"We're about to see a goddamned Beatle." You couldn't walk five feet without hearing at least one person utter that glowing refrain during night two of Bonnaroo around the What Stage (not that you could walk five feet; by nightfall, the 16-acre Manchester, Tennessee, farm was packed to the silo with 70,000 people). Paul McCartney was about to take the stage, and yes, he was a goddamned Beatle, as well as a goddamn Wing and goddamn one of the greatest rock 'n' roll songwriters of all-time. The man wrote "I've Just Seen a Face," for goddamn sake.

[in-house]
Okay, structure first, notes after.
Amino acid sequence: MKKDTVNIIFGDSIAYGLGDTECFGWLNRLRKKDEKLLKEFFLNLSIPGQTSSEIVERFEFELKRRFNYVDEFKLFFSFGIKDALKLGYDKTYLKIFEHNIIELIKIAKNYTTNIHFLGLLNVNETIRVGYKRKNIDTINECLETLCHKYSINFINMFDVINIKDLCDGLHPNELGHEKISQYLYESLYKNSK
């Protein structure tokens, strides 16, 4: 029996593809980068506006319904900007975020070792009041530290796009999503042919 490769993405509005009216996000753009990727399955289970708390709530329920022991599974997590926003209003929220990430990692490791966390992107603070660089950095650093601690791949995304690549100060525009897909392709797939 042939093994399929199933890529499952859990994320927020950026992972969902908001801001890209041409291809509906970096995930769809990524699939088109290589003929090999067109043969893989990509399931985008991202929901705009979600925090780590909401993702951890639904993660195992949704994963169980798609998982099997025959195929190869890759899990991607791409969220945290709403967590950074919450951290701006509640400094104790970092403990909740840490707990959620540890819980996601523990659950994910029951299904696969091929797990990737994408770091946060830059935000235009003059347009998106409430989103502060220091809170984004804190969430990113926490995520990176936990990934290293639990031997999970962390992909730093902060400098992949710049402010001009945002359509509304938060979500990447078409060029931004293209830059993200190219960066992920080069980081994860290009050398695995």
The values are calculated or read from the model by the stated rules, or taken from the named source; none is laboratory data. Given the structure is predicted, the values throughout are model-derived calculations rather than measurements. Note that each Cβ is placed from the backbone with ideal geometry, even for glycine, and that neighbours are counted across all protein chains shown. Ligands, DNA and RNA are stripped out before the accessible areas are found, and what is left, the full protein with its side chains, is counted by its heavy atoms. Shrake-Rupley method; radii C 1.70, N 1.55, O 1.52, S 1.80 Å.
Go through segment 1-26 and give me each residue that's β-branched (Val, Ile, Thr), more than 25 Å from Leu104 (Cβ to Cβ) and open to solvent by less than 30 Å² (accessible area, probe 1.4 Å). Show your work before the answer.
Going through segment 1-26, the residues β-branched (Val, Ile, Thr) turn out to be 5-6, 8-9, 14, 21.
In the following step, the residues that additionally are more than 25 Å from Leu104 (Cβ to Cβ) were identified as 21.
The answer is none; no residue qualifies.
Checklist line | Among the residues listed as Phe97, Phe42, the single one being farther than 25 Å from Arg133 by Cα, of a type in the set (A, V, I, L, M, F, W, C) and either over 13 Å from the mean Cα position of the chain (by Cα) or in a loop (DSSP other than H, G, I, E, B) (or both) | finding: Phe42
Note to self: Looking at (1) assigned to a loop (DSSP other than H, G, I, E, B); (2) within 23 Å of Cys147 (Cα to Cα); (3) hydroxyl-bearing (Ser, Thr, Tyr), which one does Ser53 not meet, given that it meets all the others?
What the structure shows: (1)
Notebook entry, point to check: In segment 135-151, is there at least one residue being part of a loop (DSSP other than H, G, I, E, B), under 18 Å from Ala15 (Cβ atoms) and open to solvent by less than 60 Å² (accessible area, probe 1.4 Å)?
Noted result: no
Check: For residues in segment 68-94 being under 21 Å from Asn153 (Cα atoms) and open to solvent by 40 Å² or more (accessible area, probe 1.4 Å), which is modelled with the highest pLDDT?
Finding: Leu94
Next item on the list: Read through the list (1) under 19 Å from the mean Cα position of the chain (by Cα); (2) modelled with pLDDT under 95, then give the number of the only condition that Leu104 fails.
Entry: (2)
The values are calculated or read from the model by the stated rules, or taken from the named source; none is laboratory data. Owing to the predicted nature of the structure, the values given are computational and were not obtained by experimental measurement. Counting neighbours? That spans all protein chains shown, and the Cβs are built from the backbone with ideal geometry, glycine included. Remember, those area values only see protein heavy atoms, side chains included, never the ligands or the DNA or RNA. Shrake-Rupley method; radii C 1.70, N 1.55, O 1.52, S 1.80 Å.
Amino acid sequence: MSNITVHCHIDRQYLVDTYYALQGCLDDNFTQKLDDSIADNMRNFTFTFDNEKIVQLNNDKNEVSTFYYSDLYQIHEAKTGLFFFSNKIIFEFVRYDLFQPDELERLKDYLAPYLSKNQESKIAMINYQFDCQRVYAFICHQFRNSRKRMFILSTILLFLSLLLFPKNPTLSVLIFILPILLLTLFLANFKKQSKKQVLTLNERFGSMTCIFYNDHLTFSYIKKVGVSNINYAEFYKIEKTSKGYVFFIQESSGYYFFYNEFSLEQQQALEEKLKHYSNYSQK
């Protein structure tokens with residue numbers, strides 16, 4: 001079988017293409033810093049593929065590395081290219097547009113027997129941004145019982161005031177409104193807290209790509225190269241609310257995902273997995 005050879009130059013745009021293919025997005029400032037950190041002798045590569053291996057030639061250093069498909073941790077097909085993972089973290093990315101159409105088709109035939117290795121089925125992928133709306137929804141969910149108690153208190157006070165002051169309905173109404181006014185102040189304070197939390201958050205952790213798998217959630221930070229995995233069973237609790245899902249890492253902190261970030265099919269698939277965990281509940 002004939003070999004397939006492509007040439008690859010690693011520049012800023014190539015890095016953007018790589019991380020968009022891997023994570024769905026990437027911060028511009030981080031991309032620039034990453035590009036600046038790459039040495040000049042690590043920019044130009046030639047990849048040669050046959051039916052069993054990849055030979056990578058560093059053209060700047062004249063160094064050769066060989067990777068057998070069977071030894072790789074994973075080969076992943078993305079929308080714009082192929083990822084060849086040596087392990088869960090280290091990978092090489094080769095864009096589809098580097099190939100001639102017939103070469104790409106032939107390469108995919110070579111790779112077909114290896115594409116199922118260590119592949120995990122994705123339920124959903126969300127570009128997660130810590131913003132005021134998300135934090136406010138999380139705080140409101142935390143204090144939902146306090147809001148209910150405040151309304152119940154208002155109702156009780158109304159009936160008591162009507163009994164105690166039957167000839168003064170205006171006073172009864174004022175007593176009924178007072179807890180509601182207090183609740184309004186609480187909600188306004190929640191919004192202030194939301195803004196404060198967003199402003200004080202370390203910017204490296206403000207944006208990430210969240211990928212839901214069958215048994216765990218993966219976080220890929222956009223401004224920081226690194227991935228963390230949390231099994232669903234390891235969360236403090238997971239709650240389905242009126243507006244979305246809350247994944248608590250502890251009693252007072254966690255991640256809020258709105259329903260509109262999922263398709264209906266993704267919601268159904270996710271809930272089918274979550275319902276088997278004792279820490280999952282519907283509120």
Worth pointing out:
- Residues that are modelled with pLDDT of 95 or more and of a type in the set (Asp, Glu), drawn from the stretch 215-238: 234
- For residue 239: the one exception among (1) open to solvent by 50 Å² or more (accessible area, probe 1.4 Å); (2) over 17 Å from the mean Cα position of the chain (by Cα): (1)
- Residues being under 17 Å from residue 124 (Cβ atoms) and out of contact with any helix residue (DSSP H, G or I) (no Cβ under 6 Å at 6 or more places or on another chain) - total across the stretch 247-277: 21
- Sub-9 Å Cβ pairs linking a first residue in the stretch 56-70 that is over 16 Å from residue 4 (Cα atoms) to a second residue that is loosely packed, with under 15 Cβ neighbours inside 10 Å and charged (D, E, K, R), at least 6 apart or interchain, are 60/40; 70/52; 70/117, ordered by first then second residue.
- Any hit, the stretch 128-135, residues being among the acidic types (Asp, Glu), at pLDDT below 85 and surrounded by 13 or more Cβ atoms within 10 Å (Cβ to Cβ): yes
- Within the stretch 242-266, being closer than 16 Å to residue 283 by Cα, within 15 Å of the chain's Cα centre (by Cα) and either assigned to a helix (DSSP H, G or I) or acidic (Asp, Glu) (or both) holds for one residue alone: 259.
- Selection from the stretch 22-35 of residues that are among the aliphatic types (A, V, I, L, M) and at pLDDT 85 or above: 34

And then we saw him, Mecca, looking a bit looser than in his Beatle days, but still youthful, forever The Cute One. For two and a half hours, he played classic after classic, everything from pumped versions of "Eight Days of Week," "Helter Skelter," and "All My Loving" to pyrotechnic power ballad "Live and Let Die" to loving tributes to George and John with "Something" and "Here Today" to the delicate "Yesterday" and "Blackbird," where part of the stage he stood on rose 30 feet in the air, giving the people a half-mile away a sight line to him and his acoustic guitar.